Enjoying a pungent Russian tradition.
As Sancho Panza to Don Quixote, faithful R2-D2 to C-3PO, so is chrain (sometimes spelled hrein or chrein) to its gefilte fish. This spicy relish, traditionally made out of beets and horseradish, can be found in any kosher deli, and in the kosher section of many grocery stores. Balancing the relatively bland and somewhat sweet fish cutlet with a much-needed flavorful kick, gefilte fish and chrain are a perfect combination. Yet there’s more to chrain than this. Chrain means “horseradish” in Russian. In the Old Country the plant grew everywhere: backyards, fields, parks. Grandmothers would collect its juicy leaves to use in pickling — when added to the brine, they help pickled cucumbers retain their crunchiness. Slavs and Jews ate chrain in relish form year-round, on sandwiches and with meats and poultry. The popularity of this easy-to-make, cheap topping was extremely widespread.
While a sidekick every other week of the year, chrain makes a solo appearance on Passover, acting as maror — the bitter herb on the seder plate. Many Jews buy the prepackaged supermarket brands, but some people have the tradition of going back to chrain’s roots — that is, the roots of the horseradish plant, which they themselves grind to create fresh and pungent maror.
My family treasures a story of how my great-uncle, as a child, invited a friend over to his house. When his mother, who was making a batch of chrain, stepped out of the kitchen, my great-uncle lured his friend in. “My mother is making delicious soup, and if you want we can have some,” he said. “Smells heavenly, wanna check it out?” The unsuspecting friend opened the pot, where the relish sat, and inhaled — a lungful of chrain-scented air. Fresh horseradish is incredibly pungent, and even seasoned chrain-eaters sniff it with caution; the story goes that the boy almost fainted, coughing, crying, and laughing at the same time.
Aside from such pranks, chrain has a prominent place in old-school Russian idioms. The meanings it takes on are diverse, and oftentimes have something to do with the root’s phallic shape. “Chrain be with you,” for instance means “to hell with you”; and you can probably surmise the meaning of “why the chrain would I want to do this” as well.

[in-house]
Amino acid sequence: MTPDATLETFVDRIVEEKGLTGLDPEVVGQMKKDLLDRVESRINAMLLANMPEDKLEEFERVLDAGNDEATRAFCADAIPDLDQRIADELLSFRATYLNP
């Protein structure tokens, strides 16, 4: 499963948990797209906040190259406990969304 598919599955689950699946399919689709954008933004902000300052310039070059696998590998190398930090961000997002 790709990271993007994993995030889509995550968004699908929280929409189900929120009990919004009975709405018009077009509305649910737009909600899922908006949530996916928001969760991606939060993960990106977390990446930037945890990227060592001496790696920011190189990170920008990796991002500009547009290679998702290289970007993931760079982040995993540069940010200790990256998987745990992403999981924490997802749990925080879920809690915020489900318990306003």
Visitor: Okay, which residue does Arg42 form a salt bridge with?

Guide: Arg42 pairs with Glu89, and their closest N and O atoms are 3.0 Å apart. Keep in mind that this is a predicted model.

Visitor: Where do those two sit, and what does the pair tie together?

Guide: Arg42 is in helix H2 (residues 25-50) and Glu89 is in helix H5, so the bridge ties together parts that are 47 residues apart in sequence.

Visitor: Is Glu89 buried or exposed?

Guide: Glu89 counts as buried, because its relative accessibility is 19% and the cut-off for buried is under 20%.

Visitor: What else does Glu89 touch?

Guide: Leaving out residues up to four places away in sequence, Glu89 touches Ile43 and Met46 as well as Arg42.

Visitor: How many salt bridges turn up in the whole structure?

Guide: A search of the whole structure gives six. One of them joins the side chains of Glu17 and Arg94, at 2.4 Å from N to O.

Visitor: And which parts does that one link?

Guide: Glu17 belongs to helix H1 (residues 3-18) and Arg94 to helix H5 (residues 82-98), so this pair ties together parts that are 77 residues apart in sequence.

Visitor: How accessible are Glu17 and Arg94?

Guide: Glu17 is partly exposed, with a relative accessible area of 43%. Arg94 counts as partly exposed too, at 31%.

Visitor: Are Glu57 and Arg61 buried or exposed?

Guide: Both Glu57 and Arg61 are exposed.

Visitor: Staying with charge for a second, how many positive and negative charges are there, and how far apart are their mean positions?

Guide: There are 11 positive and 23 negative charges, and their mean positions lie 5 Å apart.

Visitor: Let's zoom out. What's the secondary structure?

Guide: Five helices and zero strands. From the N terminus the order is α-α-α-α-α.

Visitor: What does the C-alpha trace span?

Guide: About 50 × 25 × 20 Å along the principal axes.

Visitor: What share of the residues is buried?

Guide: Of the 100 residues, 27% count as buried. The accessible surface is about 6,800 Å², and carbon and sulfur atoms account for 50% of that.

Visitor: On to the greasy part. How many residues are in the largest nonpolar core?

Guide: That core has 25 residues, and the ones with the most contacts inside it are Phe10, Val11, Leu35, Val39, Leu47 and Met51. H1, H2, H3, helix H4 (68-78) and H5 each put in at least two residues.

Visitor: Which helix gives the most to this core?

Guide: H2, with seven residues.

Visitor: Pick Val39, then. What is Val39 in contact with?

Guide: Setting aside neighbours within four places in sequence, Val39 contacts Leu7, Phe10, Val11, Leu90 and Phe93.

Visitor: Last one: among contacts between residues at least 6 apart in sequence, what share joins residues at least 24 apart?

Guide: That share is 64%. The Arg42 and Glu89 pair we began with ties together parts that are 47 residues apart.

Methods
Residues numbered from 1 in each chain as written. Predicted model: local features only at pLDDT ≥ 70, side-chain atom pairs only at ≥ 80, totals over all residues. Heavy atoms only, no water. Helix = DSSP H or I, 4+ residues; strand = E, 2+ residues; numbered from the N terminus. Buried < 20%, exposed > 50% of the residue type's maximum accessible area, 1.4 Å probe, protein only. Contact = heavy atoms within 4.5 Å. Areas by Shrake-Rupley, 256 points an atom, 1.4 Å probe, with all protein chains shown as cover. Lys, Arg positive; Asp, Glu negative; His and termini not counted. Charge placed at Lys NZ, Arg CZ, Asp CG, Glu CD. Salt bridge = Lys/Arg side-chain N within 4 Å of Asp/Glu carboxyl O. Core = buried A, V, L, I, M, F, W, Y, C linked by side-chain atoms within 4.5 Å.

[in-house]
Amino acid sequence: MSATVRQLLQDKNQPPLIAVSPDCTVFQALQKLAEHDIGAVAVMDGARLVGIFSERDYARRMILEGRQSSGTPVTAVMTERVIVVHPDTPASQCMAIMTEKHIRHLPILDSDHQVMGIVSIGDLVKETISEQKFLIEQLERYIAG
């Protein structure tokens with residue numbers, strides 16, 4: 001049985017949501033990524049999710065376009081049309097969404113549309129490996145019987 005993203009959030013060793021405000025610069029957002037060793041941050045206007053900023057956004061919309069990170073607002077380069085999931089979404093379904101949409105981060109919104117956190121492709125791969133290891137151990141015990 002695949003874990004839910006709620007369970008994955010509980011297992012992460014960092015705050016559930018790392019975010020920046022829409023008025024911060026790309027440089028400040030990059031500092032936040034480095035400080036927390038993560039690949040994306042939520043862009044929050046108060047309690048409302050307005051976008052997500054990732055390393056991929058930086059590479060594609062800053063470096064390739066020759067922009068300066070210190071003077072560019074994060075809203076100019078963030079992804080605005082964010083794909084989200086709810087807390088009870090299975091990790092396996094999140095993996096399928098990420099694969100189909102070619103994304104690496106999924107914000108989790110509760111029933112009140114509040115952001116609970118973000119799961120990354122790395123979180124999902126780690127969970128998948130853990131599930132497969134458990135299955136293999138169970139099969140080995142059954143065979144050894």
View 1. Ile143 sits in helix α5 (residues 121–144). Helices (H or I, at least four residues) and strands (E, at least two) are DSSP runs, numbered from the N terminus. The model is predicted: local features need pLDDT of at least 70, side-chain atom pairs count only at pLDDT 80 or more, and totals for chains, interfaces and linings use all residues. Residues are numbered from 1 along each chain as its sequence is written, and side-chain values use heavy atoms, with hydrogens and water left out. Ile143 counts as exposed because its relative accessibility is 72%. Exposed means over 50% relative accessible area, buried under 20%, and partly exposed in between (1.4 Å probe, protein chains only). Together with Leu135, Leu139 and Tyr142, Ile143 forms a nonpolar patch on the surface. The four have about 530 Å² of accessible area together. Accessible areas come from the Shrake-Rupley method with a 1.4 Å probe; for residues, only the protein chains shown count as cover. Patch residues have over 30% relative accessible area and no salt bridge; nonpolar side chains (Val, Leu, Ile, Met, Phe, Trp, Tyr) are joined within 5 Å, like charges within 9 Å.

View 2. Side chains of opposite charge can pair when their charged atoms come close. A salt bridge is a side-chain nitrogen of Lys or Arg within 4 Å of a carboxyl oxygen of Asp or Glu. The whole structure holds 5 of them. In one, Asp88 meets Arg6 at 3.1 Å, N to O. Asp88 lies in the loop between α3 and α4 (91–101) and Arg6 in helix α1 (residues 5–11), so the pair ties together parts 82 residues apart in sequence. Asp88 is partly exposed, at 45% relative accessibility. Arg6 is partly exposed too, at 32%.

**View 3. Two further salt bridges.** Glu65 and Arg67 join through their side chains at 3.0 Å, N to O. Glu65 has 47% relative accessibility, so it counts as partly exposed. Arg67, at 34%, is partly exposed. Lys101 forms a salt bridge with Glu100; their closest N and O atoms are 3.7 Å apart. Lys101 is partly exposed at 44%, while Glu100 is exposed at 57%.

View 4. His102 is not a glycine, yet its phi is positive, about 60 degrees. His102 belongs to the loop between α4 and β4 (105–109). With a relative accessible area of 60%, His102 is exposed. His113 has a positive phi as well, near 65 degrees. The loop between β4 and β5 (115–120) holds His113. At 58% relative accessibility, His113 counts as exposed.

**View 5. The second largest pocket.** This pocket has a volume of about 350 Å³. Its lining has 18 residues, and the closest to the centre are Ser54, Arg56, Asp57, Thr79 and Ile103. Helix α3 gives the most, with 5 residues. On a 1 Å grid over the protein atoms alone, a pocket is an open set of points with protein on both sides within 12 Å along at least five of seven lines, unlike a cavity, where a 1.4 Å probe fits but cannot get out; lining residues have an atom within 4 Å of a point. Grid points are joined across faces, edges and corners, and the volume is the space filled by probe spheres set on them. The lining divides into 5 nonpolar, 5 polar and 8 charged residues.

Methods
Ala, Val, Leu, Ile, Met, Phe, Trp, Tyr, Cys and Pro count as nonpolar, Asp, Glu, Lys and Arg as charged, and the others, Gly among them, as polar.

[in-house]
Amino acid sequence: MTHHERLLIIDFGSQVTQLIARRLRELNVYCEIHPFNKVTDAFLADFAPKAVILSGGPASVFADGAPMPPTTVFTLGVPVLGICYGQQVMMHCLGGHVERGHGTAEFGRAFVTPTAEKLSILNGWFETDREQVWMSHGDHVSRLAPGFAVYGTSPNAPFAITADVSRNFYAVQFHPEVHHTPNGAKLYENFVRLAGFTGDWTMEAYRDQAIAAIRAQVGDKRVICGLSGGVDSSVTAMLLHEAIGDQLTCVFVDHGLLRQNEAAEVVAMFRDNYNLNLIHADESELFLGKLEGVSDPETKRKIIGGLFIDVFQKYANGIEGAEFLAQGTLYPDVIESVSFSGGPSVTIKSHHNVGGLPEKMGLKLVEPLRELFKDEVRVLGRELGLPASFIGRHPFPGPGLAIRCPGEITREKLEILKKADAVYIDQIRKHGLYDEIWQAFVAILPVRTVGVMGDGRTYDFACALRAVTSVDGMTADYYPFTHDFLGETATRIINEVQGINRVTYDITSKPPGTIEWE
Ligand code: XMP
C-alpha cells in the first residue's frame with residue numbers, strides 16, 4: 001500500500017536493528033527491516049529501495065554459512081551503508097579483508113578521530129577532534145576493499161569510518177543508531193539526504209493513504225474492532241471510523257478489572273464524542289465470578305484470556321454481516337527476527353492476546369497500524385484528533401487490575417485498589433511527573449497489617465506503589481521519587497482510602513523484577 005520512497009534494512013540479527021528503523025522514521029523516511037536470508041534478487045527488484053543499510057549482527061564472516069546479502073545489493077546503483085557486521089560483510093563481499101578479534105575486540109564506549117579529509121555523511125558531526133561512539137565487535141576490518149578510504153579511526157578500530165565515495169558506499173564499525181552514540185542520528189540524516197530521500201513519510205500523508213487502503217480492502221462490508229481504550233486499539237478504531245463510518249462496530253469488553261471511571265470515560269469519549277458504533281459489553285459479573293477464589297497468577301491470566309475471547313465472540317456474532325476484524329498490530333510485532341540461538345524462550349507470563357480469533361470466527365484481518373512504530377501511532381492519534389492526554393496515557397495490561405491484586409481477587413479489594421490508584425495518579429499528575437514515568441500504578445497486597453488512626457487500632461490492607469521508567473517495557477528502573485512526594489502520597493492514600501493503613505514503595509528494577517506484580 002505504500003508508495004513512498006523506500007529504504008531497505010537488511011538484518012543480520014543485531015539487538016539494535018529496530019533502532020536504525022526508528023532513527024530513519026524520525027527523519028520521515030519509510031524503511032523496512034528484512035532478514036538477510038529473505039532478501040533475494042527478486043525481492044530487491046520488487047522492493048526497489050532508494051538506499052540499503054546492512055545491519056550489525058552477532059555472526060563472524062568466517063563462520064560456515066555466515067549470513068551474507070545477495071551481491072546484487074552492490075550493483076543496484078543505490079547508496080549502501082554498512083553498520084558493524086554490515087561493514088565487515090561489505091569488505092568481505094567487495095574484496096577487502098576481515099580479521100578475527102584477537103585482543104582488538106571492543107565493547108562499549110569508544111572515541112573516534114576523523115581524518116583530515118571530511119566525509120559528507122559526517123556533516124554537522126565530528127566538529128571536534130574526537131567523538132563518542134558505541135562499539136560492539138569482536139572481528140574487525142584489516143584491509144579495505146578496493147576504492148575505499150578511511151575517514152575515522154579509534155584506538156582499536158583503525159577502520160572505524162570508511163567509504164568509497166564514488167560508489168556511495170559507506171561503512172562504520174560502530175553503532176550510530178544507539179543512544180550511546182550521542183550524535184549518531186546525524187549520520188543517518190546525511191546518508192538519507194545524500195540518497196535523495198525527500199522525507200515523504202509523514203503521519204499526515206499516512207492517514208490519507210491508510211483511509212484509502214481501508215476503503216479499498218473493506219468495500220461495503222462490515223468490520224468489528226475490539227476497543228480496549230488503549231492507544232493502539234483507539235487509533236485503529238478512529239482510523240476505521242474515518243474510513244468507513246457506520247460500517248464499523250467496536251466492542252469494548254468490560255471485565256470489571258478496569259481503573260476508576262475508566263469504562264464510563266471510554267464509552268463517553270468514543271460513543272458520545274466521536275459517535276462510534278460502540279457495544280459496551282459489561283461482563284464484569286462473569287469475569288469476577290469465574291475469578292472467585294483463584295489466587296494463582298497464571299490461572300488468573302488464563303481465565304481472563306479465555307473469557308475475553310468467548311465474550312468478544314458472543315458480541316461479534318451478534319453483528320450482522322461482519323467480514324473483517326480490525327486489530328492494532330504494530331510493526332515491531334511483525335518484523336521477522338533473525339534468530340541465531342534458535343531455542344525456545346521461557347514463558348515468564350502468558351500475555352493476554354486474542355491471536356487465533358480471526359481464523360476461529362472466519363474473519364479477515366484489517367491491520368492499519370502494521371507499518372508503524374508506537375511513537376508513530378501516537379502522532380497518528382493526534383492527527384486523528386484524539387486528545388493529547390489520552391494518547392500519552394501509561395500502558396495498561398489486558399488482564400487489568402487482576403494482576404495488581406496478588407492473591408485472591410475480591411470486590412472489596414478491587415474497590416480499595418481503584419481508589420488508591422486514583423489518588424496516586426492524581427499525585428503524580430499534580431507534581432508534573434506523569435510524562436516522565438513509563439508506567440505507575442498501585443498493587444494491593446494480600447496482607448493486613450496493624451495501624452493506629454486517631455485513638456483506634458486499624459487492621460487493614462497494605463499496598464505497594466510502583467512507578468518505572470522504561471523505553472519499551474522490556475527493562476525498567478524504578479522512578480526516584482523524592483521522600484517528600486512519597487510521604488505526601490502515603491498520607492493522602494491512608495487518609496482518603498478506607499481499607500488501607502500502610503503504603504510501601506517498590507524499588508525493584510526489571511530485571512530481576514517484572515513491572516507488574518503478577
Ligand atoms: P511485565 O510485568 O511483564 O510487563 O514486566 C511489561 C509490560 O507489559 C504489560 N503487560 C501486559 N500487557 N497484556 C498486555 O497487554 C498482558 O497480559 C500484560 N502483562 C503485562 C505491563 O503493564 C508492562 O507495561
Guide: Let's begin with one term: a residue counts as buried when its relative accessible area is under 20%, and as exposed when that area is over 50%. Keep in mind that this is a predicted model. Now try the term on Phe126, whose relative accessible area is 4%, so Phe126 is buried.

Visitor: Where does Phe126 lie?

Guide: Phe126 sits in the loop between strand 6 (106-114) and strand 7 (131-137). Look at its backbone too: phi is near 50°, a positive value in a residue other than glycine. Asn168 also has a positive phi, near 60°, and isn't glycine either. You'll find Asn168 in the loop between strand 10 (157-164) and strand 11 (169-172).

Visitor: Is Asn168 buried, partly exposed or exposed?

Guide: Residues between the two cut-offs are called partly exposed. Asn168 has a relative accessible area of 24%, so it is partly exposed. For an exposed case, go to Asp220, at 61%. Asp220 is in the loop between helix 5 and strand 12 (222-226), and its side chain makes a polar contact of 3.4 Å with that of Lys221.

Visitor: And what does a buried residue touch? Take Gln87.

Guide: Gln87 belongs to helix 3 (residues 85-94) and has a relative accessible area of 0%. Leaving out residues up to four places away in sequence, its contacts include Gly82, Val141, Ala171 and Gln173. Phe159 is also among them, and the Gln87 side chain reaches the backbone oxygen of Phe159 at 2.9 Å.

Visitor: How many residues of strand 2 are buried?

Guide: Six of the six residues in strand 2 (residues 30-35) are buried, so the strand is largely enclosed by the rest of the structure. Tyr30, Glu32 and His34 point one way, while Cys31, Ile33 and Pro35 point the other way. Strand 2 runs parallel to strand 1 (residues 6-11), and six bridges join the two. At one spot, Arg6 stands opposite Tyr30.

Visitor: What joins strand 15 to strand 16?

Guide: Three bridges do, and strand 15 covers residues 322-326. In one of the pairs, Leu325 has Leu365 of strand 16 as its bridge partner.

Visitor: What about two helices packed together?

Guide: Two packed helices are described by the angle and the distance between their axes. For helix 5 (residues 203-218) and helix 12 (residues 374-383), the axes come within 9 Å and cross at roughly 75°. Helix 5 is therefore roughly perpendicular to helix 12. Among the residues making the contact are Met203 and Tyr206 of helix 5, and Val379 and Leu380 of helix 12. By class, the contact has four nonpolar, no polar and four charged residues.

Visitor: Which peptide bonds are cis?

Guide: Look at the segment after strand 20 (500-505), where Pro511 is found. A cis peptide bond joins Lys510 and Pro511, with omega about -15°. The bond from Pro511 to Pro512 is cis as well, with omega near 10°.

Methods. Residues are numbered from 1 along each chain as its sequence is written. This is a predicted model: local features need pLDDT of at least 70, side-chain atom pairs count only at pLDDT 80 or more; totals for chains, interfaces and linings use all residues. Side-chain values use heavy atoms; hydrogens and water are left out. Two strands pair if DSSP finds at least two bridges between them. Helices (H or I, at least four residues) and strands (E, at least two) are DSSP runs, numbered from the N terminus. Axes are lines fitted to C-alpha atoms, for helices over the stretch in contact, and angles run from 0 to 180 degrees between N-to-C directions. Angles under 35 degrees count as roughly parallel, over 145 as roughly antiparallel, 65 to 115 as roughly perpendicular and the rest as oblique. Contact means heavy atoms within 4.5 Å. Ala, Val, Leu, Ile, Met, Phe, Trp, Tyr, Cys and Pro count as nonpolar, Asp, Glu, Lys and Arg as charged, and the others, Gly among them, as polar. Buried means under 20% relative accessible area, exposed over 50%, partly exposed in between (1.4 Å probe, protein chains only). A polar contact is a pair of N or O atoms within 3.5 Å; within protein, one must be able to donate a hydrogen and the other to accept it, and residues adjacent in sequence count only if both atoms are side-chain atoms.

Yet, you do not need to be Eastern European, and you don’t need to wait for Passover, to put together your own fresh batch of chrain. Made from scratch, it is a delicious alternative to mustard and wasabi sauces (indeed, horseradish belongs to the same Brassicaceae family of plants as mustard and wasabi). It works with deli meats, grains, or as a dip for baby carrots and crackers. Just be careful it doesn’t knock you off your feet!
In America, horseradish root is mostly available in Russian specialty shops and health-food stores.
Written with Efim and Irina Marmer.
2 1/2 Tablespoons sugar
1 Tablespoon lemon juice
10 oz raw horseradish
5 oz raw beets
1 Tablespoon salt
1/2 cup white vinegar
1 cup warm boiled water
For White Chrein:
Peel the horseradish and grind it finely in the food processor. Mix it together with all the other ingredients and refrigerate in a tightly closed jar. It will be ready to eat after a few hours.
For Red Chrein:
Peel the beets and horseradish and let them both sit in cold water for about an hour. Drain and grind them finely. Mix together with all the other ingredients and refrigerate in a tightly closed jar — it will be ready in a few hours. .
While these two recipes extend many centuries back, some modern variations also call for mayonnaise — try adding 1-2 tablespoons to taste.
Pronounced: KOH-sher, Origin: Hebrew, adhering to kashrut, the traditional Jewish dietary laws.